Monday, August 23, 2010

hankie house

There are some handcrafts that I quietly scoff ...crochet sugar bowl doilies and pot plant hangers, fancy tissue box covers and the like. The purely decorative aspect with seemingly little necessary function. Craft for crafts sake. The-"don't you have anything better to do?'-crafting. The dust gatherers.

Previously, I would of put a 'hankie house' in that category of hilarious, time wasting,
craft practice. But having seen this and electing to make the switch from disposable tissues to regular handkerchiefs, I am full of praises for the practically of the 'hankie house'.

However, there was initially some contention and debate over this converting...

The Mr used to buy disposables, two jumbo boxes at a time, one for work and one for home, always an arms length away and adamant they were softer on the nose and more hygienic.

But it hurt my wallet to buy them and it never sat right with me.

I had a feeling that going to cloth (like the nappy thing) was likely to make me more organized and less likely to rely on some vague notion of convenience and expedience that tissue companies promote.

It seems to me the ads are brain washing us into feeling that tissues are a real need (in stead of a perceived one) and that anything else is some how unsavoury and regressive.

Aside from the disposability of tissues and the associated expense, I beg to differ when it comes to issues of hygiene and softness.

The cost of washing hankies is negligible when they are tossed in with your regular washing.
I estimate you can get about 10 years use from your average hankie (try not to drop it okay)

And how many people actually wash their hands thoroughly, every time they wipe their (or their children's) noses anyway? there's nothing worse in time of need, than finding a half disintegrated, dead tissue, drowned from the last wash in your pocket, and trying to unfold the powdery wad to use on a child whose big snot candle is about to drip into their mouth!

From my own experience and anecdotally substantive online research it seems well documented that a cotton hankie will always be much nicer on the nose than wood chip/pulp based tissues.

It must be noted though, that polyester hankies aren't so good.
A poly cotton mix is OK but the 100% cotton ones always feel the best. Voile cottons are divine. So too are the light weight linens. Silk is heaven.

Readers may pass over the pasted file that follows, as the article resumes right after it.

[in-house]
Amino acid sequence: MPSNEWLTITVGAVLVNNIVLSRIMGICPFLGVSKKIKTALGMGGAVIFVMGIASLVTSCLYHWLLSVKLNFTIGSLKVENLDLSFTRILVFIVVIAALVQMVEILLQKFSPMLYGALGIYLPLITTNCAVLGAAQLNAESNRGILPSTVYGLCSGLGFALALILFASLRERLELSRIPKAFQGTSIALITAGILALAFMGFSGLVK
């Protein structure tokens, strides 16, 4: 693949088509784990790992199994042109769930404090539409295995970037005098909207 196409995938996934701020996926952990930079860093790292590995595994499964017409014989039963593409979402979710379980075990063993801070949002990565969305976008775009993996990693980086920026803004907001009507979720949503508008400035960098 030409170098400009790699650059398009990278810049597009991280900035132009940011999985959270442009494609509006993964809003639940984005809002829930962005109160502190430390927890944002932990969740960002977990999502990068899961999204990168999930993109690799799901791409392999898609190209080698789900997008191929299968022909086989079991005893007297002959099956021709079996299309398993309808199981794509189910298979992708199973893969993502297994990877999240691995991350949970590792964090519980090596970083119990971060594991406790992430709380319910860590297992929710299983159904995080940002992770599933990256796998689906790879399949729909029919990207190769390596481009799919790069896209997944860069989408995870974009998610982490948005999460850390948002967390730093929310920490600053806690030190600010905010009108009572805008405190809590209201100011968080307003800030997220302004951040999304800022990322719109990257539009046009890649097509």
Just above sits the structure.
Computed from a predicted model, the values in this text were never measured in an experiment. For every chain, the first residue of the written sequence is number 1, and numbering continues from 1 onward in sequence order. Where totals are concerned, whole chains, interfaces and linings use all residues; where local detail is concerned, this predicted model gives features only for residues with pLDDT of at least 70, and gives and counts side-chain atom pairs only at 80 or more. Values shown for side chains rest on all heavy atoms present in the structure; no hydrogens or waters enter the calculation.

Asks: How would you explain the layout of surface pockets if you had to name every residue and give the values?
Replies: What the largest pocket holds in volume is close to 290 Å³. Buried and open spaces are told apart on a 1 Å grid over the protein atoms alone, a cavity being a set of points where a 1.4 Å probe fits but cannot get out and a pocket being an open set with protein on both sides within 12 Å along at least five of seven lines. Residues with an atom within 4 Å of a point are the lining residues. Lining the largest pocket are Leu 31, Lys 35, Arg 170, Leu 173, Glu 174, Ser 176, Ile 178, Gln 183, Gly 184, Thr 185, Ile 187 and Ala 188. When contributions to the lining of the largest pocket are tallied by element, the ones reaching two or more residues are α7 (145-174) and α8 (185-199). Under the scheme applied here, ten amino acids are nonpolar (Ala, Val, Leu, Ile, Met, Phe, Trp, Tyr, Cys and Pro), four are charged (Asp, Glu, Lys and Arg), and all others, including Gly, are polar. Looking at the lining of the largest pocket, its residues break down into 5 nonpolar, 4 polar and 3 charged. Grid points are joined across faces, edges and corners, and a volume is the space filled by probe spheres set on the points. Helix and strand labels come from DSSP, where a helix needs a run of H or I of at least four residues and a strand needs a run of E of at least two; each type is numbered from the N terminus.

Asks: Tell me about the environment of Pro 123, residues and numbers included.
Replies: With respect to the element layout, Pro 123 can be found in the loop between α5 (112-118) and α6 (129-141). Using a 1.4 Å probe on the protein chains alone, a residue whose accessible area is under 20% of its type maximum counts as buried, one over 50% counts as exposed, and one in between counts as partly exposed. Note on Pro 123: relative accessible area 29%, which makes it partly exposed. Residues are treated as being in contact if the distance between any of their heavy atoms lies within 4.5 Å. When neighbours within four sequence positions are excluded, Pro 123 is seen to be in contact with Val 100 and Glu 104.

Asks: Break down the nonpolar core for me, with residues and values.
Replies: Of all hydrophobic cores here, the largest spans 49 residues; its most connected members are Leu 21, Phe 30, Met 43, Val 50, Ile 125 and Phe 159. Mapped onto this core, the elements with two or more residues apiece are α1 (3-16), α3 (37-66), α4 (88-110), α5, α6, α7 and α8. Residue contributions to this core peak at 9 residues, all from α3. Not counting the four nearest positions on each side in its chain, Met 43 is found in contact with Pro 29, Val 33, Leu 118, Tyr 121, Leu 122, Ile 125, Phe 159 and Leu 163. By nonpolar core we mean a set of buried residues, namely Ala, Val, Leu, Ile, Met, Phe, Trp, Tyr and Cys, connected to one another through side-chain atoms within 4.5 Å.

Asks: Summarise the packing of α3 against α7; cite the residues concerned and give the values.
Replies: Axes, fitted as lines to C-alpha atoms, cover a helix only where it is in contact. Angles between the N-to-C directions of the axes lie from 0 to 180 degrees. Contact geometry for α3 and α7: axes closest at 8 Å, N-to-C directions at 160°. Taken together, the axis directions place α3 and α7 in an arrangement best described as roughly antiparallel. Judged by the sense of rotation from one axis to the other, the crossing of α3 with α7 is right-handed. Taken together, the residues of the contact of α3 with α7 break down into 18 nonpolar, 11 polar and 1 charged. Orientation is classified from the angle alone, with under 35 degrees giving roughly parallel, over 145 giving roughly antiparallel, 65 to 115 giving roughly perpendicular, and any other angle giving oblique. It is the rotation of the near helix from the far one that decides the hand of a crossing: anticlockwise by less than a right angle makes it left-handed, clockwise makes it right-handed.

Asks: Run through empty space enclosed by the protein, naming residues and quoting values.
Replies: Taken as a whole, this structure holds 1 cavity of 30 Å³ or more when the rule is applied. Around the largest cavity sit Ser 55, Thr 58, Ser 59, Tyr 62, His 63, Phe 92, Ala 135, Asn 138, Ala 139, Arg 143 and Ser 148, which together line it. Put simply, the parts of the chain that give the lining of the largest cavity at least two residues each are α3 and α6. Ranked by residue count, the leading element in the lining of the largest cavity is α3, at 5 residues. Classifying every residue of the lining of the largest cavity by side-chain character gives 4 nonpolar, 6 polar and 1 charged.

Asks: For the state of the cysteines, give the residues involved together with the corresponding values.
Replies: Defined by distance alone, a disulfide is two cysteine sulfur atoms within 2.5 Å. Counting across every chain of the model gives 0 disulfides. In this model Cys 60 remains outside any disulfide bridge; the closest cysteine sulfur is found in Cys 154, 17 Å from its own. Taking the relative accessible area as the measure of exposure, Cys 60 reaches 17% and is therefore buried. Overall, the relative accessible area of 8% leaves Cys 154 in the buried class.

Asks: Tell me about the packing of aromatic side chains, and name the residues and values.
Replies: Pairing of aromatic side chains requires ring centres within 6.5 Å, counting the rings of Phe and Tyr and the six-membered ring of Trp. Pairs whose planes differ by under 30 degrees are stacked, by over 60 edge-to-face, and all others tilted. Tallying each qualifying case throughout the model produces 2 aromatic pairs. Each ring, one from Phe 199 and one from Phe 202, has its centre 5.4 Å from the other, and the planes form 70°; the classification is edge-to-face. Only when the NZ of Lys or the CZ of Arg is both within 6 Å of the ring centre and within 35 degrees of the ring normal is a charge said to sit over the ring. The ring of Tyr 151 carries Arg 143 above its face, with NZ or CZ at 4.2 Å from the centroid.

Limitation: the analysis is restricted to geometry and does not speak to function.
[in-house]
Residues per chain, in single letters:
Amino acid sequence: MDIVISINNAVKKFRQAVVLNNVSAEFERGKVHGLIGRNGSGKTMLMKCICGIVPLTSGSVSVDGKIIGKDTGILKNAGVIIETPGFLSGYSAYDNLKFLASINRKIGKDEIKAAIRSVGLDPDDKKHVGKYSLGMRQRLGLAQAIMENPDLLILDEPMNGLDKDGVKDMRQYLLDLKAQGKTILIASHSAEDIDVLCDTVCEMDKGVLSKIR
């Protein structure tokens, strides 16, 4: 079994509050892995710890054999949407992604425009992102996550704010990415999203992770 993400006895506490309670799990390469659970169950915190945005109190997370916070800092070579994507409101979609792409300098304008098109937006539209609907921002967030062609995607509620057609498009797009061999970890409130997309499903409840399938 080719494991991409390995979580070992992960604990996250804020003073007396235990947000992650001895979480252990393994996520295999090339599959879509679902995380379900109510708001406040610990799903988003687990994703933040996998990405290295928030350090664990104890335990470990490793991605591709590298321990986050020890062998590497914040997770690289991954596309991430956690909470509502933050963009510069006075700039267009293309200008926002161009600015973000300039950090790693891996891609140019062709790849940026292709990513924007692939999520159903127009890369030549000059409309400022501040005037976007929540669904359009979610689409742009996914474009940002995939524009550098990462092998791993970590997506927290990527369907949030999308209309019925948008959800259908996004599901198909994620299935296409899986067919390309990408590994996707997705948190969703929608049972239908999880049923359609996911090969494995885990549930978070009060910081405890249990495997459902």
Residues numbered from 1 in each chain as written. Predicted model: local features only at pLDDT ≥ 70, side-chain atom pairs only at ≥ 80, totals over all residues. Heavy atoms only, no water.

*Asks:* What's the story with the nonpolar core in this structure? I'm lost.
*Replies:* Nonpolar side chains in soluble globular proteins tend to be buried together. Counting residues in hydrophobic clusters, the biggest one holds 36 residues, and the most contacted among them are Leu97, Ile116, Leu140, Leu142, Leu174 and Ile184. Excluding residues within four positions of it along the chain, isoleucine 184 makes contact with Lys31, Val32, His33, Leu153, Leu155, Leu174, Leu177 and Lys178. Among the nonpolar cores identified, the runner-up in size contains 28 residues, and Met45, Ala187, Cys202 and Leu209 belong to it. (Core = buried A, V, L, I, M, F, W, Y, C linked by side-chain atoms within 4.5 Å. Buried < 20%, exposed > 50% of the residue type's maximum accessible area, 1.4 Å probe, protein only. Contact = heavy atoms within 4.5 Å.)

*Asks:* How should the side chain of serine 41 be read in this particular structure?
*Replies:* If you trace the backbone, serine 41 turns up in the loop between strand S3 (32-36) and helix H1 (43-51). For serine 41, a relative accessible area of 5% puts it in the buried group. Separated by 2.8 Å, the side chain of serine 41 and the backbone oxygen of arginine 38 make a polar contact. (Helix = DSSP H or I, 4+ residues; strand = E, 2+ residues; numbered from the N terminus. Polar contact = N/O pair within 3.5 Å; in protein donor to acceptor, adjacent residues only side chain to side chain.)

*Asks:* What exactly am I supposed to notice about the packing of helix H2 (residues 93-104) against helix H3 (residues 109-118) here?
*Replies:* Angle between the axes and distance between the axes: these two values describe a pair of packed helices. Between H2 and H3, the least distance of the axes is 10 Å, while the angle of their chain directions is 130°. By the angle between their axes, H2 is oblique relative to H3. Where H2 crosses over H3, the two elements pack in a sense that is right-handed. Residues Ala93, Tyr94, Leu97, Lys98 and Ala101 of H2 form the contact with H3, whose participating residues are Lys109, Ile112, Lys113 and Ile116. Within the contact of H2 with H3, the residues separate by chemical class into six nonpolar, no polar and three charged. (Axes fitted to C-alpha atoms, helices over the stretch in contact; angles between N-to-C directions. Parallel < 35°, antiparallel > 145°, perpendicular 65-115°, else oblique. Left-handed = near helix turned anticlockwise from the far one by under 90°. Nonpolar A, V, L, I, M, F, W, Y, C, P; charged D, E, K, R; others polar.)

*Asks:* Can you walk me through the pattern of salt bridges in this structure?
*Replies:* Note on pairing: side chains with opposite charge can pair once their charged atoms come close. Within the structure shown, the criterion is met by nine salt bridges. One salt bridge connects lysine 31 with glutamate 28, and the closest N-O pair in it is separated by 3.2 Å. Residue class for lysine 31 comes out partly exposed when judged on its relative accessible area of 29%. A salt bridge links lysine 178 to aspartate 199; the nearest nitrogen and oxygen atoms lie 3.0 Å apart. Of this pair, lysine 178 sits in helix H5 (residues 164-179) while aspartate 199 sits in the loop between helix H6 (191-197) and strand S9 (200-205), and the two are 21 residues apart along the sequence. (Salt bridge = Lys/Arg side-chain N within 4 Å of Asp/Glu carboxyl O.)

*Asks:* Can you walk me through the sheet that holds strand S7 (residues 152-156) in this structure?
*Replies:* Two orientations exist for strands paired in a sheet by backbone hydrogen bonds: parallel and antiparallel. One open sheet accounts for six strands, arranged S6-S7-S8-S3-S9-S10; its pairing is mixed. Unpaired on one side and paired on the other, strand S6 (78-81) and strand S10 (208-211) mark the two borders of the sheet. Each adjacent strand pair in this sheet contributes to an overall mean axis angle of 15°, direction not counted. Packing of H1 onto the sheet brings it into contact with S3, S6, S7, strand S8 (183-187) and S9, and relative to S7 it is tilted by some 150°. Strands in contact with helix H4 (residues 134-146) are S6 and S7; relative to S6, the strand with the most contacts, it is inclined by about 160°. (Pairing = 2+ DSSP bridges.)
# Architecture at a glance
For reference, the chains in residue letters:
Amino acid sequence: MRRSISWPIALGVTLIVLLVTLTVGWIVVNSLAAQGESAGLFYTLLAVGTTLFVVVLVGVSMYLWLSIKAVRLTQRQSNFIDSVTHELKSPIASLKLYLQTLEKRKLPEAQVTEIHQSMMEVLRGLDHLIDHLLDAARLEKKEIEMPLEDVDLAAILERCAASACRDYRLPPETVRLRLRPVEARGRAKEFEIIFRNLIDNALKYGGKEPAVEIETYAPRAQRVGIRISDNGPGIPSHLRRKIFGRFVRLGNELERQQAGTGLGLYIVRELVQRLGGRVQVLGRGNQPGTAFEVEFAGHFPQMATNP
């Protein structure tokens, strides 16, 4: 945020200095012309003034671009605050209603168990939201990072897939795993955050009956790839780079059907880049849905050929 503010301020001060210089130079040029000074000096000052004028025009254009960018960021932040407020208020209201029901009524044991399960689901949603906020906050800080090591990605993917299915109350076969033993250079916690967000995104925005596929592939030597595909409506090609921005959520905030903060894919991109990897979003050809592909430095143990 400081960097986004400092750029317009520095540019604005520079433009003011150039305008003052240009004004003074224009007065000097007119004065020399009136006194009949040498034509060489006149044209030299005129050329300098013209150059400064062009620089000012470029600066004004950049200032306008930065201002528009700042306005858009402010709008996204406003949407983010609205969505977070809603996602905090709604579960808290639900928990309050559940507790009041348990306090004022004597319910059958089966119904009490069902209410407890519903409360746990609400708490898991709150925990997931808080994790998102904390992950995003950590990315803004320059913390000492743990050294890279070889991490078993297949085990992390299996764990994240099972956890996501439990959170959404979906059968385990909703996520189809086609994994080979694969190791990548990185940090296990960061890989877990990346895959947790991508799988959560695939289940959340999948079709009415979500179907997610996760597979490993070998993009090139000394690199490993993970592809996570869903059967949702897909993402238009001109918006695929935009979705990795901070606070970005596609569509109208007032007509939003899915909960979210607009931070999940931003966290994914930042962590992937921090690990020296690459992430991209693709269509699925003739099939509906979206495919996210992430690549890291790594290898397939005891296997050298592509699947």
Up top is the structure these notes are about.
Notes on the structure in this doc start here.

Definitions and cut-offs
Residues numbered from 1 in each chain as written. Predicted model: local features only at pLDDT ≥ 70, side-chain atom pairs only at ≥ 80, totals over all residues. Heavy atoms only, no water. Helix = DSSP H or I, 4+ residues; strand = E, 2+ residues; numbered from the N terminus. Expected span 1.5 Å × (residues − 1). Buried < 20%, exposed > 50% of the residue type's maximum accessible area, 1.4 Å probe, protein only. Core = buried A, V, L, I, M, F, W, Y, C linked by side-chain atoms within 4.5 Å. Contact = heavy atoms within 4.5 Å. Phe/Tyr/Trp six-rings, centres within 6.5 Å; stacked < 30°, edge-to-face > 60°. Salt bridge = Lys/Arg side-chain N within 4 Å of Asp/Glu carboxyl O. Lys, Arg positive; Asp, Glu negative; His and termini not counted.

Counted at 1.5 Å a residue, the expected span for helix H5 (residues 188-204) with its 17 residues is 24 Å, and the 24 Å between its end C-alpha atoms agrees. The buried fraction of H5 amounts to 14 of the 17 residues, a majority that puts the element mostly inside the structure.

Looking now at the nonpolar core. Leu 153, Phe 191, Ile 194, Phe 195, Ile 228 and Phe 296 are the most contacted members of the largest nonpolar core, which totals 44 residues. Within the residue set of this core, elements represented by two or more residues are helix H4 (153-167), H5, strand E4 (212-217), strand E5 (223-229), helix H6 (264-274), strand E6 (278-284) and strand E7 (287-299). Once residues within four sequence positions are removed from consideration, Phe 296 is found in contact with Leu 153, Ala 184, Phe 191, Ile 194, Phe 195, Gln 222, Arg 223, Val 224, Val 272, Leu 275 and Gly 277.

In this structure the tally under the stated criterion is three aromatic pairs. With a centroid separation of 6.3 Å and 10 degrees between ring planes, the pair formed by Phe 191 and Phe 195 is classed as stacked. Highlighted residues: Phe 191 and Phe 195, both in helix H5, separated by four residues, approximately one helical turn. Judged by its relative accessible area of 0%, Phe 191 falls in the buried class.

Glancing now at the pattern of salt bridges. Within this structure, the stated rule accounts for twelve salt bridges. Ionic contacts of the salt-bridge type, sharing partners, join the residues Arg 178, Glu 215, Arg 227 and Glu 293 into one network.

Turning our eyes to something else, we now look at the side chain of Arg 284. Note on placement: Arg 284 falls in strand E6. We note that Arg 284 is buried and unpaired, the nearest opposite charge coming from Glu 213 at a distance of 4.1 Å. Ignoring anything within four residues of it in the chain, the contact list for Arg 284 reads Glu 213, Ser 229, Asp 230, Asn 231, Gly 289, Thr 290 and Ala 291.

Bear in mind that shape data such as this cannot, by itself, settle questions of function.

As for the over compensatory practice of coating tissues in pseudo natural products like aloe vera and eucalyptus oil etc's quite frankly more spooge I can do without. see here

My favourite hankies are the ones I've had for years, gifted by grandmas who knew good hankies when they saw them.

And here comes a confession with a stigma...

...if I'm out opp shopping and I spy a stack of talcum powder/granny smelling hankies straight from an estate nicker draw, I will scoop them up and suppress a squeal of delight to the op shop gods. The soft worn cotton feels like home (even if it is someone else's) and is good to use straight away, where as, the overly stiff, tightly woven hankies of new need a few washes to relax the weave.

Some of the much older handkerchiefs are worthy of a close examination (no, not for unwashed crusties!) but to really appreciate the handwork detailing:

...the ladylike fabrics with pretty floral motifs in the finest weave, the sentimentality of hand embroidered linens, the pretty crochet trims and delicate edging, the meticulous tatting and lace work made from minute holes.

Ebay has a surprising amount of vintage hankie-trading traffic going on.

Although this is a fairly affordable hobby (say compare to classic cars, or Victorian teddy bears) die hard hankie collectors will be willing to pay upwards of $100 US for rare and excellent examples of snot rags.

On that note, if you want to read about hankie collecting read this
But if you want to make a 'hankie house' like mine here's how:

fabric required:

front panels are both 2x 18x 20 cm
back panel is 22x 32
the handle is 30x 8 cms
zip 20-30 cm

finished size: 18x 30

Front: fold front opening hems under 1 cms twice and top stitch 1 cm on front

Back: fold the zip seam allowance under 1 cm both sides of zip. Sew in place.

Handle: fold handle in half length ways and iron and open, fold long sides into the middle, then in half again to make 30x 2 cm long handle

Sandwich front and back panels together and pin with handle ends protruding from the top (handle inside sandwich)

Sew 1 cm seam allowance around all 4 sides.

Turn right side out through the front opening and hand stitch front opening shut leaving 4 inch (10 cm) opening from which to pull your hankies out.
I used echino linen on the front and and tawny linen stripe on the back.

Ours is hung by our front door so that we can just grab one when we are on our way out (if we don't already have one in our pocket)

I generally go for the one hankie per person for one day deal.

At the end of each day they go into the wash.

So far it's working really well and no one is complaining!

So... I've taken things a step further...
...and I'm now making my own hankies!!

(I am boarder line embarrassed about this...and you may find it cringe worthy)

But...It only cost me $11.20 to make 16! (70 cents and maybe two minutes of my time each!)

They are 35 cm light weight 100% cotton squares, ironed and hemmed with a roll hem (or any basic hem you can be bothered doing)

Now all the men in my life will know what (cheap! eco! plaid!) presents they'll be getting from me for all the upcoming birthdays, christmases, fathers days etc

And to finish with a joke..

How do you make a handkerchief dance?

... Put a little boogie in it!